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On a side note, and as a demonstration of just how much life color adds to a place, here's a photo of some rather unexpected gifts bestowed upon me by my classmates for taking on a beast of an editing job for a group project. I wasn't expecting anything in return, but the flowers are doing a wonderful job of cheering my dismal little student cell, greeting me with their smiles and flirty petals when I return from a long slog in the library. Possibly my favorite thing about it is the fact that I don't have a vase and had to put the flowers in my cafetiere - look how great the colors work together! The small painting is an oil pastel of a garden conservatory by my god-brother.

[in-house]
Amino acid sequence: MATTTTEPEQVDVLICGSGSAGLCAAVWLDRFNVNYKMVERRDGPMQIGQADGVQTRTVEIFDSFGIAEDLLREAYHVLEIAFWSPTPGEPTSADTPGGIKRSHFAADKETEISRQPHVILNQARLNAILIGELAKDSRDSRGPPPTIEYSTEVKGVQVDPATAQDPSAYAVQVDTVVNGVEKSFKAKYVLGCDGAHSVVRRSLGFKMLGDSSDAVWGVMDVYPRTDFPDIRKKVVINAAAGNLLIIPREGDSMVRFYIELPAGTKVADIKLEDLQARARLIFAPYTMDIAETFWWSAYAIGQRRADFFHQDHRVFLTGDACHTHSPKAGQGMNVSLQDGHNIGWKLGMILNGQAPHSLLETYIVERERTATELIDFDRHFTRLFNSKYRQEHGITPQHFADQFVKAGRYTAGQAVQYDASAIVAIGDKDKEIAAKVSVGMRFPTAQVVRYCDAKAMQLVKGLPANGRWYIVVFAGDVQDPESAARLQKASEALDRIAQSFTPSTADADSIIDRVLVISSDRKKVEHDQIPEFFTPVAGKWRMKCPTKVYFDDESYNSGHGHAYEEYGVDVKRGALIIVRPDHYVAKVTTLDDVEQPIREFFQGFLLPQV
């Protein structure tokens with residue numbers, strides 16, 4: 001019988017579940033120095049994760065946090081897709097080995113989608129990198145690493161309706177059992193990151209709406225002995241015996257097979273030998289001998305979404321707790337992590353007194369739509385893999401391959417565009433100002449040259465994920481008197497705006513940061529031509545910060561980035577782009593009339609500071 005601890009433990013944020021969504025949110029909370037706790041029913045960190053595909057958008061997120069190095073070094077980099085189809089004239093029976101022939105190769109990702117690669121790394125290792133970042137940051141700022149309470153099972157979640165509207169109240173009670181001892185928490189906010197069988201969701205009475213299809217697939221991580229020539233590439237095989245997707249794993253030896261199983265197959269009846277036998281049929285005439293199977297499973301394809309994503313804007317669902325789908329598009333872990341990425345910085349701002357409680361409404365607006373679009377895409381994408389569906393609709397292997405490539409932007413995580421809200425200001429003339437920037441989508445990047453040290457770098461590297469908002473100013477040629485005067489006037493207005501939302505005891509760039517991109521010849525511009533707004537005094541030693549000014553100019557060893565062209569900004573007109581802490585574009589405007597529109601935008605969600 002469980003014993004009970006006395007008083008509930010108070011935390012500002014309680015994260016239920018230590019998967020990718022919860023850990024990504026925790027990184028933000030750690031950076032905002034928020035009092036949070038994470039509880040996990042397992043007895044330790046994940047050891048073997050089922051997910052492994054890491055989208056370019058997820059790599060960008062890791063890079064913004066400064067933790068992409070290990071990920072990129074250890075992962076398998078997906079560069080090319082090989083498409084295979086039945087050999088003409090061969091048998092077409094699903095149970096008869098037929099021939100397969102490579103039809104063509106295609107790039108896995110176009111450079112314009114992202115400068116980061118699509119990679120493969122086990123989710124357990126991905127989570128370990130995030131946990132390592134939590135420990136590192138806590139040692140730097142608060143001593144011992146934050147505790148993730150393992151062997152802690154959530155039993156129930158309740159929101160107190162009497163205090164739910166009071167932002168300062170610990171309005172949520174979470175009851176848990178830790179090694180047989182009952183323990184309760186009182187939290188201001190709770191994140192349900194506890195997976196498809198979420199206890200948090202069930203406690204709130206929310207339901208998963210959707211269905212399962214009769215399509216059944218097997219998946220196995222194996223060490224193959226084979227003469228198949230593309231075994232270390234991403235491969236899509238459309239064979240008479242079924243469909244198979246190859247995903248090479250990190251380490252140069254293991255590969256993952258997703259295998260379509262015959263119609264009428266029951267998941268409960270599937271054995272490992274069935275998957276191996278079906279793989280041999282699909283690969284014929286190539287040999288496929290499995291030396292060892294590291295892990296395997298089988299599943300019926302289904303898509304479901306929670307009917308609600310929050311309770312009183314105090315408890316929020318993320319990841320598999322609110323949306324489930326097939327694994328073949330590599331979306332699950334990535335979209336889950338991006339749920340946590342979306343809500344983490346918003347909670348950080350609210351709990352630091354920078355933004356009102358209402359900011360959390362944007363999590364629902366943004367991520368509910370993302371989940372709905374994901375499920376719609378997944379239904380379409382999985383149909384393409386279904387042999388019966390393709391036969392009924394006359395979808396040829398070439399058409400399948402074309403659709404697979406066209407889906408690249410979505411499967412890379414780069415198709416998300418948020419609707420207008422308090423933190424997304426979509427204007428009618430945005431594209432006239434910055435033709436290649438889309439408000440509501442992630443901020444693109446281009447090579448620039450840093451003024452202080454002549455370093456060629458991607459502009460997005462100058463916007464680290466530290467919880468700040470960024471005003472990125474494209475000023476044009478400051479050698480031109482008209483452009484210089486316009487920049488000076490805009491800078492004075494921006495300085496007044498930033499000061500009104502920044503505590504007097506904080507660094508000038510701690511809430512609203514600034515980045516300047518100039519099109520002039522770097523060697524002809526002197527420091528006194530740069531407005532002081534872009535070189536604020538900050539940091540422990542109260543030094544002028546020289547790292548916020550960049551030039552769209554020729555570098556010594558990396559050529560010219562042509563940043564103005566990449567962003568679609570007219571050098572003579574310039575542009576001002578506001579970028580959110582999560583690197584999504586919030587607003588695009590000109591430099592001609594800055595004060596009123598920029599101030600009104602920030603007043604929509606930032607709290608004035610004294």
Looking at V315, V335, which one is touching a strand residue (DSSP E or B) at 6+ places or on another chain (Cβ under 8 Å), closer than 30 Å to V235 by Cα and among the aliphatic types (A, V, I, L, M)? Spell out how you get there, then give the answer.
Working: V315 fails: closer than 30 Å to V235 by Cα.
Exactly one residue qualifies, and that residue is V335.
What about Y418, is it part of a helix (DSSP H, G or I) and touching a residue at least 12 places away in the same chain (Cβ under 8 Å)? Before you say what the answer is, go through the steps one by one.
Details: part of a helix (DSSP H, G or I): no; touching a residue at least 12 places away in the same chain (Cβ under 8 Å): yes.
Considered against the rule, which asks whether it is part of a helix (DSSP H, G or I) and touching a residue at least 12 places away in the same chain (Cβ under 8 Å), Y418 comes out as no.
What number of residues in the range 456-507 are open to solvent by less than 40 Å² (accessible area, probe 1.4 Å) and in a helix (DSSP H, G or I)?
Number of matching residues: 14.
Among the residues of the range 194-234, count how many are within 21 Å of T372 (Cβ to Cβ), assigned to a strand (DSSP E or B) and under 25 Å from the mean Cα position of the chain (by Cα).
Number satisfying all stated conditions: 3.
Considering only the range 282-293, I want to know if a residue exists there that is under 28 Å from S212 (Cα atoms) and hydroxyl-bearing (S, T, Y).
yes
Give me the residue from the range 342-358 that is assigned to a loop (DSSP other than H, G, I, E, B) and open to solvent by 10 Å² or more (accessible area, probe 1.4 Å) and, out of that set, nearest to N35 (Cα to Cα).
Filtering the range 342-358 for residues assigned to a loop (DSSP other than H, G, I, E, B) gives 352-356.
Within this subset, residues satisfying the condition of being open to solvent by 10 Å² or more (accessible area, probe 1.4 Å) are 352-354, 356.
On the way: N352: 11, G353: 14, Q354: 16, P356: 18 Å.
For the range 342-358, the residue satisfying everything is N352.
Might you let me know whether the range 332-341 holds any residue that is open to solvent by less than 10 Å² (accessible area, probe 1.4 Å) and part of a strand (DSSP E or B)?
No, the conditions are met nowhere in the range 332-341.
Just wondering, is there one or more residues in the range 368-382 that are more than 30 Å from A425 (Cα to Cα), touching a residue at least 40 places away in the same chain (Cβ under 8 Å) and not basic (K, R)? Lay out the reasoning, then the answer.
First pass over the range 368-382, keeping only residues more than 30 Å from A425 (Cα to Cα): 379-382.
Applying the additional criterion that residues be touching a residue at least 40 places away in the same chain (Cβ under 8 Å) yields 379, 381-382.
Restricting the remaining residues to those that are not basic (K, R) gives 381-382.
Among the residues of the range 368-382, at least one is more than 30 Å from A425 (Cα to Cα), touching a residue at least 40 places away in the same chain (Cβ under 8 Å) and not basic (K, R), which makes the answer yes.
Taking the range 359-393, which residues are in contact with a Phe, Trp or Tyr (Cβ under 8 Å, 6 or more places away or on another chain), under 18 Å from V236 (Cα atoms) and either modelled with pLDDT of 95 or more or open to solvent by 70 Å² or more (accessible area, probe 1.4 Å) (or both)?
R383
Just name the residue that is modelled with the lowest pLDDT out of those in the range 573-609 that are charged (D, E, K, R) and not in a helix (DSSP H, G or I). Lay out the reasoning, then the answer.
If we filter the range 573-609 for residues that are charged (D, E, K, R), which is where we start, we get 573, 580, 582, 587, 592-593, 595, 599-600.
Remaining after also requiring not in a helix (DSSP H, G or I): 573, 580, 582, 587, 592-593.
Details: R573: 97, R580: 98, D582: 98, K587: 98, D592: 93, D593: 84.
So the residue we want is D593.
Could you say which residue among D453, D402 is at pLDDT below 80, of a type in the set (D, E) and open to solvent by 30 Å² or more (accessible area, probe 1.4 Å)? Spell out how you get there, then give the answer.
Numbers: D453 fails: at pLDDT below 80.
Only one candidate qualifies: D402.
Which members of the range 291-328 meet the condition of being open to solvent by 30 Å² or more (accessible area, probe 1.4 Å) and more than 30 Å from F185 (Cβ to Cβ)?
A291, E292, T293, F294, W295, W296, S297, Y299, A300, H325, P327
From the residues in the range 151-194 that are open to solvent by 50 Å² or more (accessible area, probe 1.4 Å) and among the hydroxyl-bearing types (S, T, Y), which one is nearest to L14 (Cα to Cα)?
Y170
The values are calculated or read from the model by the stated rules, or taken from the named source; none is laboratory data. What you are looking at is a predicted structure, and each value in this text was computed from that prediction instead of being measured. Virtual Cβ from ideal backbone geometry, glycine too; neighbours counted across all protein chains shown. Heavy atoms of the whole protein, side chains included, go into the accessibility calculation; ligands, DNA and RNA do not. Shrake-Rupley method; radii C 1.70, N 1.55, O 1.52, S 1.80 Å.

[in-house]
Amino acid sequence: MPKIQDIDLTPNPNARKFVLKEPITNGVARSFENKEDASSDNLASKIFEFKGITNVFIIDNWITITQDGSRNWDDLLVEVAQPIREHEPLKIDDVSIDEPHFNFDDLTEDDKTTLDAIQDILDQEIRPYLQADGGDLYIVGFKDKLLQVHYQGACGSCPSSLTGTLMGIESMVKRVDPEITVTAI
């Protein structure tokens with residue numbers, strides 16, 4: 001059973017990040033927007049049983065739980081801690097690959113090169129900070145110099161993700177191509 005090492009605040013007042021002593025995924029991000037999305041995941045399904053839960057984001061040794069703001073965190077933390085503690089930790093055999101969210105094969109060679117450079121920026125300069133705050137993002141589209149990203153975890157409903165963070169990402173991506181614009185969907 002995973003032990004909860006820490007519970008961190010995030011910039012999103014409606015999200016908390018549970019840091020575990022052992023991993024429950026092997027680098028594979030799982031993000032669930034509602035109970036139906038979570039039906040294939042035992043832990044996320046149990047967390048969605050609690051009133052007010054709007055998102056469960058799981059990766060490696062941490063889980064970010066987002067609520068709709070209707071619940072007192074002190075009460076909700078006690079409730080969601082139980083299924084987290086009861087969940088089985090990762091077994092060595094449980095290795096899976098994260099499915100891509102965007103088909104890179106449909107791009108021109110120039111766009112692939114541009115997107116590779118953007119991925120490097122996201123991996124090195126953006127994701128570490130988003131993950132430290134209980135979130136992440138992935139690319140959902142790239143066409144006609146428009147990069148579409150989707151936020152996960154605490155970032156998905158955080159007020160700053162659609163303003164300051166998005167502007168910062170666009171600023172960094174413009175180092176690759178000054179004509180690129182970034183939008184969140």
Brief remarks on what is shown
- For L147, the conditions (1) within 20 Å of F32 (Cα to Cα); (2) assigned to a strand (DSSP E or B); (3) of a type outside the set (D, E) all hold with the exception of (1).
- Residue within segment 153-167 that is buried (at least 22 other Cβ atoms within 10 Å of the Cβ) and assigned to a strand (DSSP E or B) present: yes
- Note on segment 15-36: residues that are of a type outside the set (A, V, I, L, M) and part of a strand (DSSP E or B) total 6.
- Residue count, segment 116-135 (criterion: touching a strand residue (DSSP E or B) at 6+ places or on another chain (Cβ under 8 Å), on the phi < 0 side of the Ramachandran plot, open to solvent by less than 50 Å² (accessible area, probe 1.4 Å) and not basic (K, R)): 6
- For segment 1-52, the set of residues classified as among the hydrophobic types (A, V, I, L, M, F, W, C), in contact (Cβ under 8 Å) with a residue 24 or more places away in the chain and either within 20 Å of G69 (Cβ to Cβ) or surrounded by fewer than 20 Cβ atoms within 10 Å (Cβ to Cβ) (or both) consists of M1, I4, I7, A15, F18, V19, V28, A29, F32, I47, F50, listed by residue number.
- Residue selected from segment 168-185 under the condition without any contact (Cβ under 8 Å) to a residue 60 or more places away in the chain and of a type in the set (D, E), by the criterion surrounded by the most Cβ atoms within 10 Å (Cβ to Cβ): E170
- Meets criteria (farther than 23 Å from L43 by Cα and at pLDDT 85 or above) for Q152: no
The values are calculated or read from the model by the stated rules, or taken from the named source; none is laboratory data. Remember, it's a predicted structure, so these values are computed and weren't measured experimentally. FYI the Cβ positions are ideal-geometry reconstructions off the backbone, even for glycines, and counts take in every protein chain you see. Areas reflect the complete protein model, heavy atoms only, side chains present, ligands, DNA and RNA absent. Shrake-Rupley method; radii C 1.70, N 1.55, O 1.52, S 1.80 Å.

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It just goes to prove what Morris said:

All rooms ought to look as if they were lived in, and to have so to say, a friendly welcome ready for the incomer. ~William Morris